Do’s and Don’ts for investing
Investments are a function of various aspects: risk appetite of the individual, a fund available for investment, the choice between various asset classes, investment objectives (long-term capital appreciation or short-term gains), and liquidity preferences. It is a complex process that involves time, energy, and a professional approach. ‘Portfolio Management’ has emerged to be the specialized profession for aiding investors. A portfolio manager understands the client’s investment goals, time horizon, risk appetite and advises appropriate allocation of funds in diverse investment vehicles. Opening a demat account is a simplified process, and hence many retail investors even opt for self-management of their funds.
After the physical trading of the stock was discontinued, investment penetration in the market improved to a great extent. An investor is always concerned about capital appreciation along with earning sufficient returns. Here are some of the do and don’ts of investing:
Research: Whether a professional is hired to make your investment decisions or you do it yourself, the most important caveat is to invest after adequate research has been done. Even hiring an investment manager or portfolio advisor should be backed by research. You must be able to repose confidence and trust in the person handling your investments if you aren’t doing them yourself. There are many varied sources of information in the digital era – books, periodicals, case studies, literature authored by renowned investors like Warren Buffet, and informational television shows. There is no dearth of knowledge available for acquiring information about the basics as well as complex investing.
Have clear objectives: Every investment is time-bound and goal-oriented. Investors should be clear about their objective of making the investment. A 50-year-old man investing in real estate would be aiming for capital appreciation in the long run, while a 35-year-old woman investing in shares would be aiming for short-run returns. Each individual’s risk profile and investment objective are different, and it is the duty of every investor to be clear about expected returns, time frames, liquidity preferences, and periodicity of returns.
Diversify: A common mistake that early investors make is that they invest maximum or all of their funds in a single asset class such as shares or real estate. It is always wiser to diversify investments to reduce risks and improve the probability of returns. Putting all your eggs in the same basket runs the risk of exposure to higher risks. If the investment fails, the investor will lose the capital invested as well. Diversification across assets helps to minimize risks. Even in the share market, there are stocks bundled as per industry and market capitalization. Investors can easily pick and choose the amount of total investment allocated in these categories as suited to their individual preferences.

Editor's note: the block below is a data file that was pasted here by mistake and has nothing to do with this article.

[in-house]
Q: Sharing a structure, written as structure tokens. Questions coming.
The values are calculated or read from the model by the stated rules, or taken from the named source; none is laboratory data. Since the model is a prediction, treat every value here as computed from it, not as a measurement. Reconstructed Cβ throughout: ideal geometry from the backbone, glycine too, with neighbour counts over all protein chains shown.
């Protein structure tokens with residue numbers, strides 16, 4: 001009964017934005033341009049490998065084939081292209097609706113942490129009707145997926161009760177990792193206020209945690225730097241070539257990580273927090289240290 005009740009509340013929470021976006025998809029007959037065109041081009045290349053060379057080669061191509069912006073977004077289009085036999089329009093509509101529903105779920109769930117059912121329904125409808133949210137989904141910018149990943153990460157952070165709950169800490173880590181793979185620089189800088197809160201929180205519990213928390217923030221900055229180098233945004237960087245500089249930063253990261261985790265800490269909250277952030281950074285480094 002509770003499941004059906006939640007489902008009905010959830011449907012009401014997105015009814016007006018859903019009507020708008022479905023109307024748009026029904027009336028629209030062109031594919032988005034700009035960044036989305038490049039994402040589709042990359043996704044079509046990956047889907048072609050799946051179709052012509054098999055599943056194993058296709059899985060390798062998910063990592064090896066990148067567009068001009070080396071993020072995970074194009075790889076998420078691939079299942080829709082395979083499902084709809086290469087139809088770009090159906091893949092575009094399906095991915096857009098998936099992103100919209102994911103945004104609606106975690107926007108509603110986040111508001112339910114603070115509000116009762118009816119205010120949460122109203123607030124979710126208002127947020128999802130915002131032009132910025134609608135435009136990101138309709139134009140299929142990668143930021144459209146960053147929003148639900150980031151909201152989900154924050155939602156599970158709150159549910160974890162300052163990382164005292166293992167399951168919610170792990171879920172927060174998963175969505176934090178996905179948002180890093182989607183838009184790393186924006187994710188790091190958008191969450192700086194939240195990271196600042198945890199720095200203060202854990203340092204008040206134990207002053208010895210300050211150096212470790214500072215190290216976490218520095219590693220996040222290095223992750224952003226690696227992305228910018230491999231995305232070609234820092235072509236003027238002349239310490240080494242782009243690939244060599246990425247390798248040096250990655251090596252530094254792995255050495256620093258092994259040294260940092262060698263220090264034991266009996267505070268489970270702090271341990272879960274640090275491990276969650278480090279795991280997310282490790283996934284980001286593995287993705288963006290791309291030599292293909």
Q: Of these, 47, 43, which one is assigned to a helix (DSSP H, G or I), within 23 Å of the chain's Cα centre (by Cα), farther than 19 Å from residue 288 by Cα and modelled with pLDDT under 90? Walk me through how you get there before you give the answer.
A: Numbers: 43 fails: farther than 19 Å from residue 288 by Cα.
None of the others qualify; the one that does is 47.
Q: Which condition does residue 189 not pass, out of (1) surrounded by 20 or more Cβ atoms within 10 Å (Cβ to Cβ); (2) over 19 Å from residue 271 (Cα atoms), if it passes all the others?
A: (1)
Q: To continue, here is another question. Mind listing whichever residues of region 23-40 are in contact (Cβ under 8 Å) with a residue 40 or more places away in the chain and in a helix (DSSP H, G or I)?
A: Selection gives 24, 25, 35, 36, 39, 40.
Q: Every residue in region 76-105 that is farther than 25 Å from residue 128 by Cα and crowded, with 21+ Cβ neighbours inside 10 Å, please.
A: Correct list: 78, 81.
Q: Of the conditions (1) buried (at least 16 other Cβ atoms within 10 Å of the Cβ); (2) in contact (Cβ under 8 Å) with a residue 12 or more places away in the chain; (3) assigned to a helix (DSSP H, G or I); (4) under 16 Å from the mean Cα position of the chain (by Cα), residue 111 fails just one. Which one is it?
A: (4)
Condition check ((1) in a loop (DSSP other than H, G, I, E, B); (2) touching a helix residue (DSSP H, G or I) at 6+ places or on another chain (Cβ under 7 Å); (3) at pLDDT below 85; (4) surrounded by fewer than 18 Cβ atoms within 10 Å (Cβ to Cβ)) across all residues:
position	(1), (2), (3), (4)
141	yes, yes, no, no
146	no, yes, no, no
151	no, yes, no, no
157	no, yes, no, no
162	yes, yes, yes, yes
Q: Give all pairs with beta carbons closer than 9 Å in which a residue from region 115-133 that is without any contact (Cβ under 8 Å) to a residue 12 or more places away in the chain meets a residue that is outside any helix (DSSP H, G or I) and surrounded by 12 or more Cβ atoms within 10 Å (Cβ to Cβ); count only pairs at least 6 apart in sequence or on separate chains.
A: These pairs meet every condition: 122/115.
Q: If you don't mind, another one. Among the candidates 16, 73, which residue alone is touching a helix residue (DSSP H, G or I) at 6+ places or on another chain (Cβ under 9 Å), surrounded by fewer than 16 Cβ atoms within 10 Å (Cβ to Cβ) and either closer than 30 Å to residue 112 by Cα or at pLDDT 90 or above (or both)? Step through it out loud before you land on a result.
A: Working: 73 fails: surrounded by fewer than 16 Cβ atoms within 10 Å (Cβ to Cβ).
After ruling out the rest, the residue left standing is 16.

Invest late: Investments should begin at a young age, as it takes time to understand the intricacies involved in investing. Making intelligent investments is an art and science, and the judgment of when to enter and exit the market takes time to evolve and develop. Therefore, investments are best begun during the productive age (20 to 60) without postponing the decision. Make small investments at a young age, but don’t postpone the decision to later. Also, investments should never be made with emotion. They should be thoroughly researched and planned and not based on ‘feelings’ or ‘emotions.’
Ignore liquidity: Investors often make the error of ignoring the requirement of adequate liquidity in the overall portfolio. If all the funds are locked in long-term investments like real estate, fixed deposits, etc., it could get difficult to meet short-term liquidity requirements that could arise unexpectedly. Therefore, it is always advisable to keep a certain percentage of total investable funds in liquid assets to quickly convert to cash. Some liquid assets are government securities, mutual fund investments, deposit accounts, and investments in shares.
Overanalyse: After researching successful investment strategies, speaking to financial advisors, and making their own calculations, investors often end up overanalyzing before making investment decisions. The analysis is undoubtedly important, but overly analyzing the pros and cons of a strategy could waste time and lead to loss of opportunities for the investor. Funds must be allocated wisely in a time-bound manner across asset classes as decided by the investor or his financial advisor. Don’t overthink and miss profit-making opportunities.
Investment has undergone a sea change since digitization and dematerialization of shares. It has become more accessible, comprehensible, and profitable for small investors. Returns generation and capital enhancement are now accessible to small, mid-level, and large investors alike. Even foreign investments are possible in the form of shares, bonds, and foreign currencies. However, investors should exercise appropriate caution to minimize losses and maximize gains from investing their hard-earned money in any asset classes.